Enact company regulations

DanielSeo

Member
Korean
Hi, can you use the verb "enact" to say new company regulations were established? Or does the term apply only to legislation?

Thank you.
 
  • S1m0n

    Senior Member
    English
    Strictly speaking, you can only enact things that are acts, ie, laws. You could use it for your regulations; people would understand, but the effect would feel somewhat humorous or odd.
     

    PaulQ

    Banned
    UK
    English - England
    In fact enact has two origins: (i) to enter onto the official record, i.e. to turn something into an act, statute, or law and (ii) to portray or do something (on stage or figuratively.)
    Hi, can you use the verb "enact" to say new company regulations were established? Or does the term apply only to legislation?
    I think it would be helpful if you gave us an example sentence, Danielseo. :thumbsup:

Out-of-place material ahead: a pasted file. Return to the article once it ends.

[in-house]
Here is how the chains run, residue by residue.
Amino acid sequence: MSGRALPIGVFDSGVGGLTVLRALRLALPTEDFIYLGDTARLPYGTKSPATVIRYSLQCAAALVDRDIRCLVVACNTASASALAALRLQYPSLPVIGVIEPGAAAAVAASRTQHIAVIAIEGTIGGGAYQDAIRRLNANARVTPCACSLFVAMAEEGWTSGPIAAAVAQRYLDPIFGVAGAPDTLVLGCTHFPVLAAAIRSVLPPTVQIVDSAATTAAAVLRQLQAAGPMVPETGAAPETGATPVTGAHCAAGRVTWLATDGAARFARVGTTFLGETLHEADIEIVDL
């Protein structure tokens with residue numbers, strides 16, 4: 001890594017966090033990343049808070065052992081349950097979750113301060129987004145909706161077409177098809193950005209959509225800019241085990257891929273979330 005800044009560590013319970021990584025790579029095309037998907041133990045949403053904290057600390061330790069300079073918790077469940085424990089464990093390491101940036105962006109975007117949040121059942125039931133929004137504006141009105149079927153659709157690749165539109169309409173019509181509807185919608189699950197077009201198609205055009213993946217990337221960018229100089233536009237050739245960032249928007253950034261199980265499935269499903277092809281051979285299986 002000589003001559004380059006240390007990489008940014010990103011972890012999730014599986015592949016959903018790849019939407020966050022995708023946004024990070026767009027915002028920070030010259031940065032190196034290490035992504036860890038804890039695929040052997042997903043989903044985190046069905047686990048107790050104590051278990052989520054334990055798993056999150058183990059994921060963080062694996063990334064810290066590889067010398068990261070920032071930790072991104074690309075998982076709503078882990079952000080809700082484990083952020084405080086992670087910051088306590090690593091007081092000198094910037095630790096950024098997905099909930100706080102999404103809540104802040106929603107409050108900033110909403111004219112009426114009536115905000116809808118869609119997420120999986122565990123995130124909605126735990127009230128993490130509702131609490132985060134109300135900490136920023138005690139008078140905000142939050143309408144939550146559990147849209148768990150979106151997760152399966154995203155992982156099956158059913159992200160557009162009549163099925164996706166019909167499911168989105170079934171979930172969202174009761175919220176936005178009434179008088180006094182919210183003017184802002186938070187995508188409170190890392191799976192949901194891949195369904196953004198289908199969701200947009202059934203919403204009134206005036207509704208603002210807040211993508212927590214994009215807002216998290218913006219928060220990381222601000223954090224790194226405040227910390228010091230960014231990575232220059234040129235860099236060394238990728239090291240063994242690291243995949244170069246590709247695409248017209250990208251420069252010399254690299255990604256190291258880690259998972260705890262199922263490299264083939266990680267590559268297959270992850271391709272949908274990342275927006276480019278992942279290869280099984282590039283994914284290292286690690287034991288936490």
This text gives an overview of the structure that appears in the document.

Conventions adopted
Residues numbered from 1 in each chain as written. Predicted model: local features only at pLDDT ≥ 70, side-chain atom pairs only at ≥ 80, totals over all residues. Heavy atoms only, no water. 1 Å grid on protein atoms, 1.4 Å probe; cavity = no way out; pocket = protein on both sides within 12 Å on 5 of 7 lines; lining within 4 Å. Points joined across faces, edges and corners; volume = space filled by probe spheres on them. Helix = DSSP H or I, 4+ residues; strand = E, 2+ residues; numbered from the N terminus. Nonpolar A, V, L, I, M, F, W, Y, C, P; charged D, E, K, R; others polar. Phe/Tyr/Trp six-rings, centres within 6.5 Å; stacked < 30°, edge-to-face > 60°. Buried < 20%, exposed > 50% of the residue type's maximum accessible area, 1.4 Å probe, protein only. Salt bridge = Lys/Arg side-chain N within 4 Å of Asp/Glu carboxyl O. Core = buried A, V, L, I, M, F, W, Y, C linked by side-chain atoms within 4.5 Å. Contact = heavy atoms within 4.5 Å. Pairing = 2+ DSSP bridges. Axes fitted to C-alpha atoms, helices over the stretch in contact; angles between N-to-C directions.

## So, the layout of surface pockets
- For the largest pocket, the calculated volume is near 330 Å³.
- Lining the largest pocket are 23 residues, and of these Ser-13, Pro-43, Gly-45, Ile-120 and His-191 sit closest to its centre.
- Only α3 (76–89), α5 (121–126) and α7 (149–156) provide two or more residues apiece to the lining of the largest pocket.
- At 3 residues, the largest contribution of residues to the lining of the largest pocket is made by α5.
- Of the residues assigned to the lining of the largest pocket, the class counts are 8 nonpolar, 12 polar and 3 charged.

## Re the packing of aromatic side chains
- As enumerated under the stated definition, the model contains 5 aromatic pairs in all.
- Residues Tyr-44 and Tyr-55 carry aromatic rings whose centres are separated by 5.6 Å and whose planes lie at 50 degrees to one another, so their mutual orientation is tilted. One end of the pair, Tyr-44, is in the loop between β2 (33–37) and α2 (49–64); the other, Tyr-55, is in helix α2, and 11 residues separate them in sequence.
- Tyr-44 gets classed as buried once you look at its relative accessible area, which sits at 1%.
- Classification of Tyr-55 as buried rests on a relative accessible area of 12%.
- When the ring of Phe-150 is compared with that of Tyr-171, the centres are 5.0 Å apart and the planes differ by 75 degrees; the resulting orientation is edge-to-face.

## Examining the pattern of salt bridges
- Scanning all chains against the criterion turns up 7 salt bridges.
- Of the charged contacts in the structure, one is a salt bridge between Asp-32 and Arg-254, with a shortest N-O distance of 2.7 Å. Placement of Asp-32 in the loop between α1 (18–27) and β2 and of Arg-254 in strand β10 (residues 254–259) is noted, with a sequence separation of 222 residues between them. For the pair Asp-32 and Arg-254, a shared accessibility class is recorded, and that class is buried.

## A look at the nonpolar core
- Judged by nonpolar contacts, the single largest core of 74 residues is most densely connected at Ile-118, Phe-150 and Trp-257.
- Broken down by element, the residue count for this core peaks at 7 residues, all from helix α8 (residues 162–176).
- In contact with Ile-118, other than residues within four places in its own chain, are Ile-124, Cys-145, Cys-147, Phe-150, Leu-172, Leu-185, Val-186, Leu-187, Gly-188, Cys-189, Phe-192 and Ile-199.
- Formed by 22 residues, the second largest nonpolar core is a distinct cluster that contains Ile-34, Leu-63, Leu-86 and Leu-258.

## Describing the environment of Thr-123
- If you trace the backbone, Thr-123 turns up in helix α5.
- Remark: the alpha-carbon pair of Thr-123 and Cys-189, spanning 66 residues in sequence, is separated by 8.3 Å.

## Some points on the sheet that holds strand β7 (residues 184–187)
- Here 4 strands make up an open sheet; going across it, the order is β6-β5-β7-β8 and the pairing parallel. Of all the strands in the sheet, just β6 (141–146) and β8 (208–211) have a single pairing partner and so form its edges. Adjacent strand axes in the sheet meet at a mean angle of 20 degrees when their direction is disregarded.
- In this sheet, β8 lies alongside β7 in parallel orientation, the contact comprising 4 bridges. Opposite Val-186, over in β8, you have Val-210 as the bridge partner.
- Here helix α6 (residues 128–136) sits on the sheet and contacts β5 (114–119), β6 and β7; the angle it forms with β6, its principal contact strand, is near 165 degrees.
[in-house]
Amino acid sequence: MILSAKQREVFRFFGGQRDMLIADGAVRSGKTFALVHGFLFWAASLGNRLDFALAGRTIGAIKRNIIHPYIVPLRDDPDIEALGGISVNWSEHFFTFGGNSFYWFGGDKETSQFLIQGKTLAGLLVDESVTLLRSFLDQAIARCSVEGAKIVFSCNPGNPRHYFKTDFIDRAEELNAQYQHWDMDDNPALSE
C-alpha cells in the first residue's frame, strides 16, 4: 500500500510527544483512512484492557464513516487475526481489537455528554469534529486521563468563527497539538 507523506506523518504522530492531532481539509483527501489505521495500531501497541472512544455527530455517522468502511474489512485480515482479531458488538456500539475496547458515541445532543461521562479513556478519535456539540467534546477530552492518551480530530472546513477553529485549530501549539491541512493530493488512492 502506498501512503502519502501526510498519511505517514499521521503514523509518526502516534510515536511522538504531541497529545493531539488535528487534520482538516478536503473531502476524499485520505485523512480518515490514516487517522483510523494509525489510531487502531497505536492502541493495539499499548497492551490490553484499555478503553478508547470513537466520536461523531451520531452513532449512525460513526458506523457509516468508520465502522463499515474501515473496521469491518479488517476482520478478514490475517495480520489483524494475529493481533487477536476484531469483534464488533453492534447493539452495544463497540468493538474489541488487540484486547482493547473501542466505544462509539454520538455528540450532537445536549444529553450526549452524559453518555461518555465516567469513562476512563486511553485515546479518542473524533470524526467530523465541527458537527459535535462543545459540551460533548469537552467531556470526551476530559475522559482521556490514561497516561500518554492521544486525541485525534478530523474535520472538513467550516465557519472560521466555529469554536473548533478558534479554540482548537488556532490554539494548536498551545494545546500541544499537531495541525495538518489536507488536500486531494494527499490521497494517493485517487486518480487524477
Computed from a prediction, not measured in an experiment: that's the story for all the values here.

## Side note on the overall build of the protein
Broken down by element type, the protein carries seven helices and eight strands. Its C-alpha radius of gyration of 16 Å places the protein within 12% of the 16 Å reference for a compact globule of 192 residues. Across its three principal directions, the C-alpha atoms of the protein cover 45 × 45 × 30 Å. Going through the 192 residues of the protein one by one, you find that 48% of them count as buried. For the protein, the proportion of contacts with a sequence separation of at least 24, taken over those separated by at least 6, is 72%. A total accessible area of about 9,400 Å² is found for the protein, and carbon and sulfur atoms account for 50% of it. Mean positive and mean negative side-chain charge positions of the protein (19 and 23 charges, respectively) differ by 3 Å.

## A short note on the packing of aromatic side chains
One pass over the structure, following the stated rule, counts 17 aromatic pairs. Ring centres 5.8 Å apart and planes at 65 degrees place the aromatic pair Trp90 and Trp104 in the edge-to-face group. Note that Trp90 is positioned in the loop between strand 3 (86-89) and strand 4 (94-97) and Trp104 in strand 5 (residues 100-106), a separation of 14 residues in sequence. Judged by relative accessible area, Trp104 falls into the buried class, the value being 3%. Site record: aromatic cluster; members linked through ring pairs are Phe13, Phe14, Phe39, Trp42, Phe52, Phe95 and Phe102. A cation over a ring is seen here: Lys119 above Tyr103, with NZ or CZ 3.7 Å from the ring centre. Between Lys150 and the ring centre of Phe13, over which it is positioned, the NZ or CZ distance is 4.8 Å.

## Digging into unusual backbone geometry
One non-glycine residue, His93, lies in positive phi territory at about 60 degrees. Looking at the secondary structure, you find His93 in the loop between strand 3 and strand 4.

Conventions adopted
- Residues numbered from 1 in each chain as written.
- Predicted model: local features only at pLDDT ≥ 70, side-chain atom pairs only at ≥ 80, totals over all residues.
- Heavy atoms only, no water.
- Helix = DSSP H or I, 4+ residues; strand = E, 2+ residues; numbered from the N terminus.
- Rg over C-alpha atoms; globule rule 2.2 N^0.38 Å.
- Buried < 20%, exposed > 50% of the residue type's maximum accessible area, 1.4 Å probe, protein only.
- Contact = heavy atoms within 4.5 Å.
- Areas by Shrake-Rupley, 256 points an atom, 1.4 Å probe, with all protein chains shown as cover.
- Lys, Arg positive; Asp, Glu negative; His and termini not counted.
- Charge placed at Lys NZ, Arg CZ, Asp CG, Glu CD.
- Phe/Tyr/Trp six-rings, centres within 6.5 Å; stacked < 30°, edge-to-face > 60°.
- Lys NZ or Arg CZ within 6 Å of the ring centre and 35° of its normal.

DanielSeo

    Member
    Korean
    I am reviewing a document that contain company rules and regulations that were established many years ago and have been revised a few times. The document says "Enacted on: Dec. 00, 2002." I don't know if it's correct or not. This is not a law, but internal company rules.
     

    Uncle Jack

    Senior Member
    British English
    "Enacted" sounds misplaced to me. Company regulations are rarely written to take place at some future date, so there is no need to distinguish the date the rules were applied from the date they were written. "Dated", "written" or "published" would seem more appropriate to me.
     
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